Training domain: sport-specific or athlete-defined?

One needs to look at this topic from varied points of view and angles – from the perspective of the athletes, coaches, parents as well as strength and conditioning.

What is sport-specific training actually? Many coaches and parents pick a training mode for quicker results, but is that the right way? Athletes of the current generation embark on single-sports training at a very young age, rather than multi-sports, and this can lead to injuries through overuse in a specific sport. To name a few, lower-back injuries in young fast bowlers, anterior cruciate ligament (ACL) tears in young fast bowlers, strains in football, and rotator cuff injuries in tennis, badminton and table tennis.

It is, hence, important for strength and conditioning coaches to adapt an athlete-specific ideology instead of holding on to the sport-specific mindset. Appropriate foundational strength and conditioning protocols need to imbibed at a very young age, with proper movement patterns in a multi-directional plane. At times, the athletes need to pull back and slow down to reach the next level, keeping the right processes and protocols in place.

Run faster and further

An understanding of sport- and athlete-specific training is necessary to derive the desired results. Personally, I feel that’s the missing link in the processes and protocols for peak performance. One needs to look at this topic from varied points of view and angles – from the perspective of the athletes, coaches, parents as well as strength and conditioning.

I’ll use India’s most popular game – cricket – as an example as many can connect with it easily.

Athletes’ perspective

The current younger generation is influenced by what it sees on social media. Skill-based drills, specific movements patterns, video analysis and workouts, with all components of fitness at one go, are eye-catching, but are they pertinent?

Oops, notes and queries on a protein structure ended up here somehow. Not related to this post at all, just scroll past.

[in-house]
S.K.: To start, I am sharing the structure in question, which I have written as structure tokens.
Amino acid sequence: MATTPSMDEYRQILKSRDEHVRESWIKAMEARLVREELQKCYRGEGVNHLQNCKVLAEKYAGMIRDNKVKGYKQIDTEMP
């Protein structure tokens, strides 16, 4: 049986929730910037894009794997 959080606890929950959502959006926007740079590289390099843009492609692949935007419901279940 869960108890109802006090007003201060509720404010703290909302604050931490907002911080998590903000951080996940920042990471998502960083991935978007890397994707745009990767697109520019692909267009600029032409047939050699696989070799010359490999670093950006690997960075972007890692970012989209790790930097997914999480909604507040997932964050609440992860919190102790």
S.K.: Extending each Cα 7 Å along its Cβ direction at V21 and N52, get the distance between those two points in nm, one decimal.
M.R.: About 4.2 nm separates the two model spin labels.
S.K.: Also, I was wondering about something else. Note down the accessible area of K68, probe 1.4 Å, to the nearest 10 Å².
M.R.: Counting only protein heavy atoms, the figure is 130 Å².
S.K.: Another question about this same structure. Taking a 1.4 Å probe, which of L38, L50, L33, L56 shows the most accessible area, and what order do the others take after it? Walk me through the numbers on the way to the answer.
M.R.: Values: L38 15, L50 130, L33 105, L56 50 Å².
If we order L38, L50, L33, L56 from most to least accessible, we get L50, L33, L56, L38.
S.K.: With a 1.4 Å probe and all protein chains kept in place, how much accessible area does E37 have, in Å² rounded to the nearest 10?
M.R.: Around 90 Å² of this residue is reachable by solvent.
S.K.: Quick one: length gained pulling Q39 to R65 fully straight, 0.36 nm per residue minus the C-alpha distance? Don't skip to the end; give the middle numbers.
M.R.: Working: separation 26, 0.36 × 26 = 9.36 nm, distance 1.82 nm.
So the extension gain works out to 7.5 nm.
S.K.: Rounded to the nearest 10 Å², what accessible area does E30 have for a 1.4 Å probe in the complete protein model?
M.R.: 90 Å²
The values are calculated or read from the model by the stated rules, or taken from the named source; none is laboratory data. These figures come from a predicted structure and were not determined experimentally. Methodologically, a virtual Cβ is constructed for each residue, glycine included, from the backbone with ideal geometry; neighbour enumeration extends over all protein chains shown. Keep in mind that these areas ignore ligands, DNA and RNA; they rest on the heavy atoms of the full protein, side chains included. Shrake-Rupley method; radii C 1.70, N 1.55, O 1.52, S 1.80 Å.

Many get carried away by videos of their heroes, coaches and trainers, with many likes and followers on social media. But the essential factor is imparting the athletes need-based training on and off the field with proper form and technique. Amateur athletes or beginners try to emulate what the professionals do after years of training. Trendy workouts might be the flavour of the season, but you have to be as crazy as a loon to get into advanced training with a good foundation.

Parents’ perspective

Most parents want their children to embark on the hardest, quickest, most complex patterns, like what the professionals do, and for them to become the strongest and fittest as soon as possible. But at the end of the day, he or she will not be the sharpest tool in the shed.

For example, let’s take a hard-working professional who is committed and dedicated, doing snatch and/or explosive plyometric work. Now imagine an amateur or beginner doing the same things. It’s a potential recipe for disaster and can lead to loads of problems in the long run.

Run faster and further — Part II